Adult sargassum fish were purchased through an aquarium fish supplier and maintained in aquaria at 25°C (33 ppt), under a controlled photoperiod (12L/12D h) and fed daily until 48 h prior to sampling (n = 5). Swellsharks were hatched from eggs and maintained in flow-through aquaria at 12–16°C, under a 12 L/12 D h photoperiod and feed three times weekly but were not fed 48 h prior to sampling. Swellsharks were sampled within two weeks post-hatching (n = 8). Animal collection and use was approved by WLU and SIO-UCSD animal care committees under protocols R18003 and no. S10320 in compliance with the CCAC and IACUC guidelines for the care and use of experimental animals, respectively. Formalin-fixed specimens of bearded goby (n = 15) and pygmy leatherjacket (n = 5) were sourced from the Hokkaido University Museum and Australian Museum Ichthyology collections, respectively (voucher codes in the electronic supplementary material, table S1). For gDNA extraction, pigmy leatherjacket tissues were also provided by the Australian Museum (n = 5), while frozen fin clips of bearded goby (n = 12) were obtained from a 2017 research cruise (provided by A.G. Salvanes. U. Bergen, Norway).

    (b) pH measurements

    In situ pH was acquired from three sargassum fish and eight swellsharks. Animals were anaesthetized with tricaine methane sulfonate (MS222) in seawater [1 : 10 000 (w : v)] and stomach pH was directly recorded with a small diameter pH probe (Hamilton Biotrode with Radiometer ION85 pH metre for sargassum fish; HACH pHC4000–8 with Denver Instrument UB-10 for swellshark). One swellshark inflated during the pH measurement, so those data were excluded.

    (c) Sampling

    Sargassum fish (n = 5) and swellsharks (n = 3) were euthanized with an overdose of neutralized MS222 [1 : 5000], followed by spinal transection. The entire gastrointestinal tract was excised and flushed with 4% paraformaldehyde in phosphate-buffered saline and further immersion fixed for 24 h. Tissue was then stored in 70% ethanol at 4°C. In separate animals, small pieces of stomach tissue were excised and preserved in RNAlater and stored at −20°C.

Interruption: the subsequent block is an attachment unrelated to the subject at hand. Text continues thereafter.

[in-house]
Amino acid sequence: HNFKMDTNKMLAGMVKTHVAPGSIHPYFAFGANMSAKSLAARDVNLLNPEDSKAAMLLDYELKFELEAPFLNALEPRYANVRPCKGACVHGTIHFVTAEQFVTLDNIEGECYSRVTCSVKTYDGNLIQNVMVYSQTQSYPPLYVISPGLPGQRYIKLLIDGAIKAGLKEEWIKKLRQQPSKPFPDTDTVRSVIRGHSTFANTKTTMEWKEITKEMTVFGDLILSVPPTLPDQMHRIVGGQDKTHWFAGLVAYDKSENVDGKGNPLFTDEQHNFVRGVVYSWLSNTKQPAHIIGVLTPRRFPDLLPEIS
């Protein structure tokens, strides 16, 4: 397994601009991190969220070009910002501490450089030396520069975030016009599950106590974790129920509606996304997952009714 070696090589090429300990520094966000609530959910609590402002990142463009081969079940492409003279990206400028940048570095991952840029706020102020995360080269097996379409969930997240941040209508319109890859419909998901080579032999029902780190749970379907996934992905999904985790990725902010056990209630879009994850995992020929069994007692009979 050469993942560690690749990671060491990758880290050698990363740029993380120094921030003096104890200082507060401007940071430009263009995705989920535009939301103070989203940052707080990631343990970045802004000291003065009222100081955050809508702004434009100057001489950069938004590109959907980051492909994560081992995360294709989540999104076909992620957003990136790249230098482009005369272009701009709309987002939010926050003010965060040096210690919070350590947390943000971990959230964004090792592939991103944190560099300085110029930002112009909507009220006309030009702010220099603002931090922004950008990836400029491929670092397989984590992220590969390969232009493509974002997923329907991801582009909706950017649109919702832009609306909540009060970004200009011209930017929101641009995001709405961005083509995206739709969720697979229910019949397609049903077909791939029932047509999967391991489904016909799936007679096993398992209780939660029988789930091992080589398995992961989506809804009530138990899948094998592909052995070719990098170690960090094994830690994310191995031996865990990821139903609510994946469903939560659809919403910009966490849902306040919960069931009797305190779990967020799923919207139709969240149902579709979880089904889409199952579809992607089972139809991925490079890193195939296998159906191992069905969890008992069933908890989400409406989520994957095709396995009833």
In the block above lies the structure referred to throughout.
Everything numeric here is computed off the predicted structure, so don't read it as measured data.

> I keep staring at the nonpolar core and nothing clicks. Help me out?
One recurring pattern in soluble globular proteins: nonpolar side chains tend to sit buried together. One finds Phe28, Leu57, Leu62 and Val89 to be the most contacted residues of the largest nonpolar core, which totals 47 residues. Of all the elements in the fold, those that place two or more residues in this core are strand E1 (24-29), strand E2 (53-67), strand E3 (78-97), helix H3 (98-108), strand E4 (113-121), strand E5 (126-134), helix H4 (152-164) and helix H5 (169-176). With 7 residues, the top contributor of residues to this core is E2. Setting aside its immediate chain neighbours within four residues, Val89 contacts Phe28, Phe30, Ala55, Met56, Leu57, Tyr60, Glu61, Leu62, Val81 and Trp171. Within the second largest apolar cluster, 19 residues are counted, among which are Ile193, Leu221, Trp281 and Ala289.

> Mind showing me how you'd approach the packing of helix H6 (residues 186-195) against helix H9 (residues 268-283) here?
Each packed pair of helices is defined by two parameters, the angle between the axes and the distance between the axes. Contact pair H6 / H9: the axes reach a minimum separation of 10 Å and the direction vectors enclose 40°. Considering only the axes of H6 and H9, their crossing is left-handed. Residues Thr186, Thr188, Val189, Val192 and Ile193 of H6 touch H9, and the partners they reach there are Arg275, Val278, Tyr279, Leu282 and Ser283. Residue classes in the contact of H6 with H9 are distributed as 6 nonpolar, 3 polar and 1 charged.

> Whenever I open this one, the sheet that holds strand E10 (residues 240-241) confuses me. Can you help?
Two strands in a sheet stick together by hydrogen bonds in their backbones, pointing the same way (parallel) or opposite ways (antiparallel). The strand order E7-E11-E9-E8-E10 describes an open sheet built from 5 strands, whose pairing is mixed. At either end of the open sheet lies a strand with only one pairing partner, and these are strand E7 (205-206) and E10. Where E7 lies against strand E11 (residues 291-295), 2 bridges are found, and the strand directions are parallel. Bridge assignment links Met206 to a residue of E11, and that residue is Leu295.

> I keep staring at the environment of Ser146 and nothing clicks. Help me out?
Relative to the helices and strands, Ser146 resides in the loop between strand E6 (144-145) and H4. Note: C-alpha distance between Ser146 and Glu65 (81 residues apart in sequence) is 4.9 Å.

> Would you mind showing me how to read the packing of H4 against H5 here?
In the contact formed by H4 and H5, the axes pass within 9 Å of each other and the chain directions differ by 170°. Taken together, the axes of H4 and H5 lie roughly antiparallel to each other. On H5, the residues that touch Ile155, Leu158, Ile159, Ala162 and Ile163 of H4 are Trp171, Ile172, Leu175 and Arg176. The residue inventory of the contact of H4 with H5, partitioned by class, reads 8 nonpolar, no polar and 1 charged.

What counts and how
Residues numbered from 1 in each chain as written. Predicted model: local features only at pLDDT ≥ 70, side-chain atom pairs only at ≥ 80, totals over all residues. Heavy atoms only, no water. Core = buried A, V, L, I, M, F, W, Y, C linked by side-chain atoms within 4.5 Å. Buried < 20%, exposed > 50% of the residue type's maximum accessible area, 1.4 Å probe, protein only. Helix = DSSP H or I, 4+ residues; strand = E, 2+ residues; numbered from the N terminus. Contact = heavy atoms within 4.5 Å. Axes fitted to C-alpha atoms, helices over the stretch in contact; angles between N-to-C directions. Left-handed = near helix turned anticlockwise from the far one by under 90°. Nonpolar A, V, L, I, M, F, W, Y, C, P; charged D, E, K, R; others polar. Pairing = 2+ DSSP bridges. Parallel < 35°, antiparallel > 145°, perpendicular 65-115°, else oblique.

(d) Histology/immunohistochemistry

    Sagittal sections of the cardiac stomach, cardiac–pyloric junction and the pyloric stomach were prepared for histological and immunohistochemistry analyses following paraffin embedding [32]. The gastric proton pump Atp4a was detected using the rabbit polyclonal αR1 antibody [32], a pan-specific P-type ATPase antibody where an apical localization is indicative of Atp4a staining [33]. The mouse monoclonal Na+ : K+ : 2Cl co-transporter (NKCC) antibody (T4) or Na+/K+-ATPase (NKA) antibody (α5) were used as basolateral markers [34]. The negative controls were normal rabbit serum and the mouse J3 clone, respectively. Secondary antibodies included goat anti-rabbit Alexa488 and anti-mouse Alexa555. Sections were counterstained with the nuclear stain DAPI. Additional sections were stained with either haematoxylin and eosin, or Alcian blue (pH 2.5), and periodic acid Schiff (PAS). Eosinophilic zymogen granules were imaged using fluorescence detection.

    (e) Gene expression and phylogenetics

    Sargassum fish and swellshark: RNA was isolated using the Bio-Rad Aurum Total RNA Mini Kit, with on-column DNase I treatment [33]. The polymerase chain reaction (PCR) was used to isolate atp4a, pga and pgc from sargassum fish and swellshark gastric tissues using the Phusion(™) Flash hot start high fidelity polymerase mix (Life Technologies; details in electronic supplementary material, table S2).